The long-awaited breakfast buffet has returned with its resurgence of delectable fare, and the Canadian hotel industry is once again creating breakfast-buffet norms, albeit with several new COVID-19-related adaptations. New protocols are being developed with cost efficiency in mind, as well as solutions for safe serving and hygiene. All of these changes come as the industry looks to rebound from a steep decline in occupancies and revenues.

Measuring Guest Satisfaction
Almost 30 years after the breakfast-buffet trend first captured guests’ gastronomical palettes, hoteliers have been considering more creative options to serve their guests without compromising quality, taste and value. How does one maintain an elegant buffet-style breakfast that would allow guests to choose what they want and save time and still be a significant revenue generator for the property?

“We have a space for chefs to help serve the guests and to ensure the covers and spoons are constantly maintained, clean, or frequently changed,” says Jacky Bruchez, director of Food and Beverage at Le Germain Hotel Montreal. “We’re working hard to replenish and keep the number of food choices fresh and attractive, so even the last guest will feel the same satisfaction of choice and in getting their money’s worth as the first guest who arrived.”

“We looked for opportunities to create new signature dining experiences that inspire guests and deliver those memorable moments expected by a Fairmont experience,” says Atticus Garant, executive chef at the Fairmont Banff Springs in Alberta. “Buffets were re-introduced last year into respective dining venues at the resort. Guests have certainly re-embraced the concept. While respecting all health guidelines, we launched the 360-degree Dining Dome private experience, where guests can enjoy sunrise breakfasts and brunches, paired with an incredible 360-degree view of our Castle in the Rockies and the UNESCO World Heritage Site surroundings.”

Live stations, frequently changing utensils and food-display arrangements aid in the “eyes of people wanting value for money,” says Nicolas Messian, regional director and general manager of the Algonquin Resort St. Andrews by-the-Sea, Autograph Collection in New Brunswick. “You need to have a decent group of choices, which is seen as a value in the eyes of the guest. They have the opportunity to try different things. There’s more variety, which is very appealing.”

All three hotels have the commonality of re-imagined spacing in their buffet designs, while adhering to strict health measures. They have reduced bottle-necking while maintaining a visually enticing array of food displays that not only whet guests’ appetites but keeps them wanting to return for more.

Sustaining Operations and Profit Margins
It’s no surprise that recent labour shortages and rising food costs have caused hotels and restaurants to re-conceptualize how they can operate better to meet the needs of their guests and employees while strengthening their profit margins.

One way Le Germain Hotel Montreal has dealt with these new challenges was to delay putting specific food offerings in the buffet. “We’re just postponing some of the offers we’re planning to do [at a later date],” says Bruchez. “It’s what we have to do at this point. We’re not hiring as quickly as we wish, but we still see most of our employees staying with us.”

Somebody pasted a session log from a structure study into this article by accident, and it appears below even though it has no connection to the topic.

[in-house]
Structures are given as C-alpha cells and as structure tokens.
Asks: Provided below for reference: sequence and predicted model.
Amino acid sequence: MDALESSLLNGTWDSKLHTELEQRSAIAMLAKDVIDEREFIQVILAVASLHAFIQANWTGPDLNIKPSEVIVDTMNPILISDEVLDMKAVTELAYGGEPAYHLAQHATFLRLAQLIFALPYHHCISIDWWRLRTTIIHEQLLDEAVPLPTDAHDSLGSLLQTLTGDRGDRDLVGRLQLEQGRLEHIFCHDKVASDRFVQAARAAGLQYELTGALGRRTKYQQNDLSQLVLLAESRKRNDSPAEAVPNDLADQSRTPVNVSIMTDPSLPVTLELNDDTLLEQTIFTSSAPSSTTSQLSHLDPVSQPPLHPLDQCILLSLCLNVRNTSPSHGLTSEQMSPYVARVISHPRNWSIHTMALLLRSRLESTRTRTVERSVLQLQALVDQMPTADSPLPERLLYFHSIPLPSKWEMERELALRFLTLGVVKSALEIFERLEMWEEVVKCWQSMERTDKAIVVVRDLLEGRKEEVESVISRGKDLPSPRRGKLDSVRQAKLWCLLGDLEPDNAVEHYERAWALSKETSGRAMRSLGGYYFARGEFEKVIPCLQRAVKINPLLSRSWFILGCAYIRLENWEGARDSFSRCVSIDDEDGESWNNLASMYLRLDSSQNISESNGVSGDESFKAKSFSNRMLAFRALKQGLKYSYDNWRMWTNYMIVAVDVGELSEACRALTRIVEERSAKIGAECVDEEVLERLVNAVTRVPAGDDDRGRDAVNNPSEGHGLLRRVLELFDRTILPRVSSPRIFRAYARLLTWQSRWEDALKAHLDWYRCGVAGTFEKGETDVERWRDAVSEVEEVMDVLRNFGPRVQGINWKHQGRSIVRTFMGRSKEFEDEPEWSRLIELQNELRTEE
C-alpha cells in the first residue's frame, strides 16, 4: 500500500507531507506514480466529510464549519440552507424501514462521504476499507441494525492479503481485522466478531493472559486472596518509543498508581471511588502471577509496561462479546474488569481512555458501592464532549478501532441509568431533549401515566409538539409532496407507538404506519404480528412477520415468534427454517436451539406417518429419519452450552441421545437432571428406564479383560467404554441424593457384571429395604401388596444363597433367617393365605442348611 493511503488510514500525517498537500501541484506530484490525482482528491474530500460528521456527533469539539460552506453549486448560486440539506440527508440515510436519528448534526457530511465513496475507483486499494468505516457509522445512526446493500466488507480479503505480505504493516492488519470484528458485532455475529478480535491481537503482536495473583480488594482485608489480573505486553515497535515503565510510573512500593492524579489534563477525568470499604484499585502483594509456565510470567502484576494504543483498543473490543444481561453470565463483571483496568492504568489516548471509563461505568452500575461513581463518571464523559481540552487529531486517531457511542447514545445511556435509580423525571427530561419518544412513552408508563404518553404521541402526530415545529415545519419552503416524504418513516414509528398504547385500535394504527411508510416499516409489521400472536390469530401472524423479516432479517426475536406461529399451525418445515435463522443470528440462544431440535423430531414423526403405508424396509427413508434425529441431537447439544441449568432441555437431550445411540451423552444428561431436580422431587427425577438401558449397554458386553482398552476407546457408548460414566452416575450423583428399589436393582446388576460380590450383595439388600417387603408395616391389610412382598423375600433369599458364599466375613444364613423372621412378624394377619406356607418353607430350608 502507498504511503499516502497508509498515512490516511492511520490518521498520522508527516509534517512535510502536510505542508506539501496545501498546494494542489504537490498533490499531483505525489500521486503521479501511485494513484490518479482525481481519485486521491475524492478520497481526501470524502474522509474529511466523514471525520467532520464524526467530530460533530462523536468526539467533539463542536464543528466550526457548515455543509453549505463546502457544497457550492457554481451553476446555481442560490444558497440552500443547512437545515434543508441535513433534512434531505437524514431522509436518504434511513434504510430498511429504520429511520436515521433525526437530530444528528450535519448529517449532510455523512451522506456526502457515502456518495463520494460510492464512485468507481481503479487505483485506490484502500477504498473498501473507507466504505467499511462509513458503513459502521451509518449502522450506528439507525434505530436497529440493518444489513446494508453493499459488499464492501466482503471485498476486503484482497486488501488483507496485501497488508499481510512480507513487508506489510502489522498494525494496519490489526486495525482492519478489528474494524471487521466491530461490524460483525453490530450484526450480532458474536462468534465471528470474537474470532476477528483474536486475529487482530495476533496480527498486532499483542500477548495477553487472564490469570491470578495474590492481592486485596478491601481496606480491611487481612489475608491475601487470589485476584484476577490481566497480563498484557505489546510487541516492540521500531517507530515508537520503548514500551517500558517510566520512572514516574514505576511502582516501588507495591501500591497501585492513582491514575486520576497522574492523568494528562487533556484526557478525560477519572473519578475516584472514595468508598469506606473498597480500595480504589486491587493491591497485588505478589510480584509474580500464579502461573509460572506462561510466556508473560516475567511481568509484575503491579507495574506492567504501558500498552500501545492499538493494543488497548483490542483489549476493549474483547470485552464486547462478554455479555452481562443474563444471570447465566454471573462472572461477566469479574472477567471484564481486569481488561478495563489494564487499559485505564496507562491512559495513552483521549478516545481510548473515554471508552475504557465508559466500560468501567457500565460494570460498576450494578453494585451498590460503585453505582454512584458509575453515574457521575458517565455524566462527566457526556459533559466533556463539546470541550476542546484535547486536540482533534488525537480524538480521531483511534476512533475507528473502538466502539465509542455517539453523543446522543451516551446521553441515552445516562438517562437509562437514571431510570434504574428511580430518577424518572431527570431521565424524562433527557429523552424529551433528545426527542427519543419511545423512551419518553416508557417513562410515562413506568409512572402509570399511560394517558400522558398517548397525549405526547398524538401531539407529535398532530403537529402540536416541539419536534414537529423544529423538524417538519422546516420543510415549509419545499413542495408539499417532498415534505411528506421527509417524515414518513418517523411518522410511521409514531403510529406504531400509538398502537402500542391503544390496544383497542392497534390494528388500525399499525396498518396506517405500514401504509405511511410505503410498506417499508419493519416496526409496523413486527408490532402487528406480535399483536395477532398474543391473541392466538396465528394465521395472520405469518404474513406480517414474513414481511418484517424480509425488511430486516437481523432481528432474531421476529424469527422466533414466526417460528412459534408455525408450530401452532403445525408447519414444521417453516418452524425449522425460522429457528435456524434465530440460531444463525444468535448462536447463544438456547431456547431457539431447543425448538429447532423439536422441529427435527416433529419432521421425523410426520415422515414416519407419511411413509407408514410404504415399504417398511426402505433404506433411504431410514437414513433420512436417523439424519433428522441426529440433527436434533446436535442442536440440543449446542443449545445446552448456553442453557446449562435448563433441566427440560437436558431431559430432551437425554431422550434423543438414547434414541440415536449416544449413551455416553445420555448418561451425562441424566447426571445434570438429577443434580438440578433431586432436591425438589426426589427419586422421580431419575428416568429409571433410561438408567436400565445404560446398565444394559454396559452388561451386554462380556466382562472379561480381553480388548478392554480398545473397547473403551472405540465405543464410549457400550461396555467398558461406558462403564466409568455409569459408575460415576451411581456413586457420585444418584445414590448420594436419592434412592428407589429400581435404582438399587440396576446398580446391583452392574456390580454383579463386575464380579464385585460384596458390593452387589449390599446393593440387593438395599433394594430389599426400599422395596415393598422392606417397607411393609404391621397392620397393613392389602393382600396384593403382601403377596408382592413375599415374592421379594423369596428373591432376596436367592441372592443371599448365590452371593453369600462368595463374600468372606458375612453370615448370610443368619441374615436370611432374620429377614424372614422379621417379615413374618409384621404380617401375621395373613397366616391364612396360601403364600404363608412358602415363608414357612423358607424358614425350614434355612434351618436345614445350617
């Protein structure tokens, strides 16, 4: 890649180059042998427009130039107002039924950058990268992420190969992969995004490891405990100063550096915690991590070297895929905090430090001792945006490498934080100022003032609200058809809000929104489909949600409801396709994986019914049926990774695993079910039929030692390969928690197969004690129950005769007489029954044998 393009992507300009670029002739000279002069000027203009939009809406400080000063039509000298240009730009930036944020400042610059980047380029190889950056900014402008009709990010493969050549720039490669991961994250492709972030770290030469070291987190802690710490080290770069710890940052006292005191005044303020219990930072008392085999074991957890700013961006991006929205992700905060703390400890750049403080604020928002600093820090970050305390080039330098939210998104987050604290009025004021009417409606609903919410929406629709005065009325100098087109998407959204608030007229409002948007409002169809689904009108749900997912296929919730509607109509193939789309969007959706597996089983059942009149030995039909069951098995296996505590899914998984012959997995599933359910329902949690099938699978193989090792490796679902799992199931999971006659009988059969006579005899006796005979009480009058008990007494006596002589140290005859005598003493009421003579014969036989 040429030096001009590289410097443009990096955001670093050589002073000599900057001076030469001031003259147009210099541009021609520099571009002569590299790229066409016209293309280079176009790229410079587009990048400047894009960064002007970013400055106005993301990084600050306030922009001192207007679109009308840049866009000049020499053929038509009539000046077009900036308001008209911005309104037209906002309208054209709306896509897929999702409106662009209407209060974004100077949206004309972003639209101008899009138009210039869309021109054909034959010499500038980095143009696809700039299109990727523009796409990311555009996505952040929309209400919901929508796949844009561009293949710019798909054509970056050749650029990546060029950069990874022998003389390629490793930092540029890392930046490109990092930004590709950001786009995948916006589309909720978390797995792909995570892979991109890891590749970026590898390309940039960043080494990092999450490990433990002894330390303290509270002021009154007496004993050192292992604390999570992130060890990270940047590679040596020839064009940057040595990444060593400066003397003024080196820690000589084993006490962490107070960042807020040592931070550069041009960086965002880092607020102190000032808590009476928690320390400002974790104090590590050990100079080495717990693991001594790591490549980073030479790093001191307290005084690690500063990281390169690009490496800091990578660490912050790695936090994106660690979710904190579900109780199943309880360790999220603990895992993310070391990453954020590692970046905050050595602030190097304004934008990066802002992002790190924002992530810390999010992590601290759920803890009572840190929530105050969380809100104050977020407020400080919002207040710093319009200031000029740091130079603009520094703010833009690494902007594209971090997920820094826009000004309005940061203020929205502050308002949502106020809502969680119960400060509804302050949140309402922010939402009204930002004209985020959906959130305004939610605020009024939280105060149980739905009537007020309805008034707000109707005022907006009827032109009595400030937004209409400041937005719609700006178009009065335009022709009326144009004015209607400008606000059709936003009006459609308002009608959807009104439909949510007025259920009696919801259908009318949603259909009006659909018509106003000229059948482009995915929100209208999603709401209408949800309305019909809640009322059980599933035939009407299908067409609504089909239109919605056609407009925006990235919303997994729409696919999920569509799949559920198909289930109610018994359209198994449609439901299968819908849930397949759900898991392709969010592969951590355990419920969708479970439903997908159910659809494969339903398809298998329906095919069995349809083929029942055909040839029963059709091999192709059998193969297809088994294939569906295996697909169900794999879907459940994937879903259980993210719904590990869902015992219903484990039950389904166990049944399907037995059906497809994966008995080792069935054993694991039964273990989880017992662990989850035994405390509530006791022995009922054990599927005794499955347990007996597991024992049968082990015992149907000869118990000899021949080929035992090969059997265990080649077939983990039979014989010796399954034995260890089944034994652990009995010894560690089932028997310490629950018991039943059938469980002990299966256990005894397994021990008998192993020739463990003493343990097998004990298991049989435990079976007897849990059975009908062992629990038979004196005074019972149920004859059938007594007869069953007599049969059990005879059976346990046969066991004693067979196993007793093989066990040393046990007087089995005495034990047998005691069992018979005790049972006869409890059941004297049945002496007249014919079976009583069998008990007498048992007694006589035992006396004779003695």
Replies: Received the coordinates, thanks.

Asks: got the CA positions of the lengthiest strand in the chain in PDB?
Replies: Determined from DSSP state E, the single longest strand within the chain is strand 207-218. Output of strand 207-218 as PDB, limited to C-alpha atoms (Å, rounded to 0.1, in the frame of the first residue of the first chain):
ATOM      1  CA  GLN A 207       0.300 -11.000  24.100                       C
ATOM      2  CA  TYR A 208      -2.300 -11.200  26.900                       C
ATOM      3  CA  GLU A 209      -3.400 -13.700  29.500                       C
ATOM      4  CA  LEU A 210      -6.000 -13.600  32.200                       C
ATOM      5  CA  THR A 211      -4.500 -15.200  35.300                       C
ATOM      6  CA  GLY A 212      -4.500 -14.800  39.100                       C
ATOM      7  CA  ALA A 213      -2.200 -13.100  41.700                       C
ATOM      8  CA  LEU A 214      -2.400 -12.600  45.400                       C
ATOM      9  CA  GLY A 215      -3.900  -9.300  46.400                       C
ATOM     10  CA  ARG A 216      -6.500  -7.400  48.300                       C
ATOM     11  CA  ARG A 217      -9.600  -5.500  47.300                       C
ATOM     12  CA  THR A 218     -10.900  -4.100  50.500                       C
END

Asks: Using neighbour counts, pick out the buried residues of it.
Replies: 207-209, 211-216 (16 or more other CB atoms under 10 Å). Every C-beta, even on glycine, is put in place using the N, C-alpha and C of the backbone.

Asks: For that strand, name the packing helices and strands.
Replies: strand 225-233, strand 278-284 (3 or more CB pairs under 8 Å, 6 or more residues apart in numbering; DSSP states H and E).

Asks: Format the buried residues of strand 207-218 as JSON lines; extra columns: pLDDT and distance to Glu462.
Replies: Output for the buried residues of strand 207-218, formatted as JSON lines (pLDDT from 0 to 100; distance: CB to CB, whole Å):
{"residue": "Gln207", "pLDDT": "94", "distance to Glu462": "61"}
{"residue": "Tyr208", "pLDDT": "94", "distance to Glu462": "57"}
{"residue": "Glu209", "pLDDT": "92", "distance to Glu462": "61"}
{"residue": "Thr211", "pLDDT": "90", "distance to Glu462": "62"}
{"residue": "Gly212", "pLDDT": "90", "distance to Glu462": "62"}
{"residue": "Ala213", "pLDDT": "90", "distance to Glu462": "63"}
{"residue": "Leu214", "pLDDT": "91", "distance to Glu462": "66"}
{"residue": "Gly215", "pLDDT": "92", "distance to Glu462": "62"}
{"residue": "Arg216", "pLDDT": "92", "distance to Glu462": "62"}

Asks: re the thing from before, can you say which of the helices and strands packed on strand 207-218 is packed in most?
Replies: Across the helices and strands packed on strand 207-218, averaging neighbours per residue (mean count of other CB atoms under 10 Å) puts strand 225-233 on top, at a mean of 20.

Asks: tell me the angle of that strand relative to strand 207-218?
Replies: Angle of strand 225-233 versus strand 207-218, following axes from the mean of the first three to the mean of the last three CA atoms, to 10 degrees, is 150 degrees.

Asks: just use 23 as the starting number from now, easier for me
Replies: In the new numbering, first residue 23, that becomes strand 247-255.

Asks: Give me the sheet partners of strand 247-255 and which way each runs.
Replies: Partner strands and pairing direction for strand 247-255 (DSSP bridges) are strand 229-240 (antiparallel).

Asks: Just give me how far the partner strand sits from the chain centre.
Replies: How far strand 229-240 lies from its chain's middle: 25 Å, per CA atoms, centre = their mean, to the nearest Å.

“Another challenge is that everything is much more expensive. The prices change daily for each item,” Bruchez continues. “For example, today, dairy prices have increased by 15 per cent, making it more complicated for your food offerings. So, you must be very strategic in your offerings while striving to meet guests’ expectations.”

Additionally, chef Garant confirmed that “labour shortages and supply-chain issues were a key consideration industry wide. We’ve had a year to explore opportunities, and our teams have skillfully made operational adjustments to ensure continued delivery of high quality and service.”

Enhancing the Breakfast Experience
As the new breakfast buffet norm continues to unfold, hoteliers are looking for innovative ways to enhance their guests’ breakfast experience while considering the significance of efficient and cost-effective offerings.

“We are looking into ways to have more automation,” says Bruchez. “For example, in our beverage offerings, we’re looking at ways to add sensors that will enable them to be touchless and automatic. Guests will just need to put their glass in front of the dispenser, and their drink will be poured automatically.”

Bruchez is also entertaining the idea of keeping the main course as a plated dish while appetizers and desserts remain buffet-style in order to help combat food waste. “You can find the best of both worlds dining this way, with the option of trying new dishes simultaneously while waiting for your main meal to arrive,” he says.

Messian believes providing guests with individually portioned offerings is the way to reduce food waste. “They can try different things on a smaller portion with more variety,” he says.

As hotels still look to rebound from the pandemic, an apparent optimism resides. Breakfast buffets are here to stay.

Chef Garant agrees. “We are more conscious of how we serve food, considering not just guest health but also food waste. Ensuring food is abundant yet presented in smaller vessels to minimize waste has been a crucial way to reduce our footprint in this area. Buffets are here to stay, but the way we deliver them is continuously evolving.”



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